27

Which is more pythonic?

list.append(1)

or

list += [1]
59

list.append(1) is faster, because it doesn't create a temporary list object.

  • 8
    +1 - Both the answer and explanation are good. Succinct and to the point. Thanks. – duffymo May 9 '09 at 18:09
  • 13
    Wasn't the question "which is more pythonic?" – ojrac May 9 '09 at 18:52
  • 1
    List object creation is beside the point. Besides, (:-) CPython will reuse a list from its empty list in this case. – u0b34a0f6ae Mar 5 '10 at 11:49
  • 3
    @ojrac: What is faster is often what is more Pythonic, as the Python devs tend to optimize behaviors they encourage. – Xiong Chiamiov Aug 4 '10 at 21:47
  • 2
    And "which is more pythonic?" was the question. The word "faster" is totally off-topic unless there's a serious issue with either approach, which there is not. – ojrac Aug 6 '10 at 17:14
54

From the Zen of Python:

Explicit is better than implicit.

So: list.append(1)

  • 9
    is list += list not explicit? – Dick Sea Mongler May 9 '09 at 18:46
  • 17
    IMO, operators are less explicit function names. – joce May 9 '09 at 18:57
  • 3
    As an example for operators being less explicit than named functions: what does 'list += list' mean? Reading it, i could think appending, but I could also think you might want to add the values in a list of numerical values (e.g. [1, 2, 3] += [4, 5, 6] => [5, 7, 9] could make sense). – joce May 12 '09 at 20:21
  • 7
    You might also think that [1,2] += [3] => [1,2,[3]] – u0b34a0f6ae Oct 7 '09 at 23:10
17

These are two different operations, what you are doing with += is the extend operation. Here is what Python documents have to say about this:

list.append(x): Add an item to the end of the list; equivalent to a[len(a):] = [x].

list.extend(L): Extend the list by appending all the items in the given list; equivalent to a[len(a):] = L.

So in += you provide a list, in append you just add a new element.

7

Since there's also

list.extend(l)

which appends all elements of the given list, I would use

list.append(1)

for symmetry and readability's sake.

  • I personally keep confusing myself with the difference between extend() and append(). Therefore, had the question been about some list lst rather than a fixed single element 1, my answer would have been: += is better because then I am sure the left and right operand are peers and we are talking about a concatenation here, not an add the whole list as the last element. – Lutz Prechelt Feb 23 '15 at 14:34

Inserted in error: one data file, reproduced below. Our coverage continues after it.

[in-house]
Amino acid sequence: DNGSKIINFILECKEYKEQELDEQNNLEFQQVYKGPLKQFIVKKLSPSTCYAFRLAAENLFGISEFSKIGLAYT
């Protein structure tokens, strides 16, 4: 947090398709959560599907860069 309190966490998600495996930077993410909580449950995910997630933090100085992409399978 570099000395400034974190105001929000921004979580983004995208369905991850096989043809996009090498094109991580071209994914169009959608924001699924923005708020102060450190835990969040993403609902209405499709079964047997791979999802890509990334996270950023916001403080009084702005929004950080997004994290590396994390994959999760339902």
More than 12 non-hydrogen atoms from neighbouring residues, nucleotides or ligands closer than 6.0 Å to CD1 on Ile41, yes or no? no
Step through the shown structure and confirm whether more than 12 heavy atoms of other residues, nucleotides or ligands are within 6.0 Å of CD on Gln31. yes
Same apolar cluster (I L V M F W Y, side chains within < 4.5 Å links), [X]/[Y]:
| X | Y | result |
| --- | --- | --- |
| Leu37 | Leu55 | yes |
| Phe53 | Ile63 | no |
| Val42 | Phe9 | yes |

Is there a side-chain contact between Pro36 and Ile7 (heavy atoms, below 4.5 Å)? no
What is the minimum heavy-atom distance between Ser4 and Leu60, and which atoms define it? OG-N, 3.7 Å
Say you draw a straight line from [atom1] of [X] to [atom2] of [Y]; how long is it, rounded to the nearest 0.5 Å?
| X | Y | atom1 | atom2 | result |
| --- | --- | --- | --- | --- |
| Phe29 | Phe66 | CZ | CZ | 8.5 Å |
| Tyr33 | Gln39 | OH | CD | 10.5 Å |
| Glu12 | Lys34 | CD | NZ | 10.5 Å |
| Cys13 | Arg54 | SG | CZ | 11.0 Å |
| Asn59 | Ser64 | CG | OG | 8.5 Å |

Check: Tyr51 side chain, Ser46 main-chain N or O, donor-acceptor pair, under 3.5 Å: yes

6

While most people here are preferring the append option, I personally prefer the other one because it looks nicer even though it may be slower (or maybe its optimized).

Beautiful is better than ugly.

When you write lots of Python code, I don't usually see something like this:

list.append(1)

It's more like this:

somecollectionname.append(anotherelementname+5*10)

So to me at least, it is nicer to see:

somecollectionname += [anotherelementname+5*10]

Because its easy to recognize at a glance that you are adding to a list. Having said that, I sometimes find myself using both forms.

4

list.append(1) more readable and to consistent with the context

4

If you've got a single element, a, that you want to add to your list l, then putting a into its own list and extending l with it seems like adding unnecessary complexity. I would thus prefer

l.append(a)

over

l += [a]

If a is already a list, then choosing

l += a

or

l.extend(a)

is a matter of preference, IMO. On the other hand, if you're going to be doing a lot of extends, you can get a performance boost by "hoisting" the method lookup:

extend = l.extend
for sublist in bunch_of_lists:
    extend(sublist)

Finally, I think that the append operation isn't used too often in Pythonic code, because append is used very often in "accumulator" idioms, where I'd expect a more experienced Python programmer to use a list comprehension/etc.

So instead of:

l = []
for a in numbers:
    l.append(str(a))

You'd probably see:

l = [str(a) for a in numbers]

or

l = map(str, numbers)
  • You surely you map(str, numbers) ? – phoku Oct 7 '09 at 13:07
  • Good catch, thanks. Fixed it. – Ryan Ginstrom Oct 7 '09 at 22:44
1

Beware of fundamentalism

Have you noticed the term "more pythonic" in your question? I think it implies that you are asking a not-so-helpful question.

If one is merely more pythonic than the other (rather than being pythonic while the other is not) it could be said that you have violated the Zen of Python on a meta level: "Simple is better than complex" should also hold for the process of searching for the form in which you express your logic -- once you have found something pythonic, that is good enough. Keep the search simple.

So my answer would be: Neither of them is more pythonic. The most pythonic thing is to go on and write a nice program.

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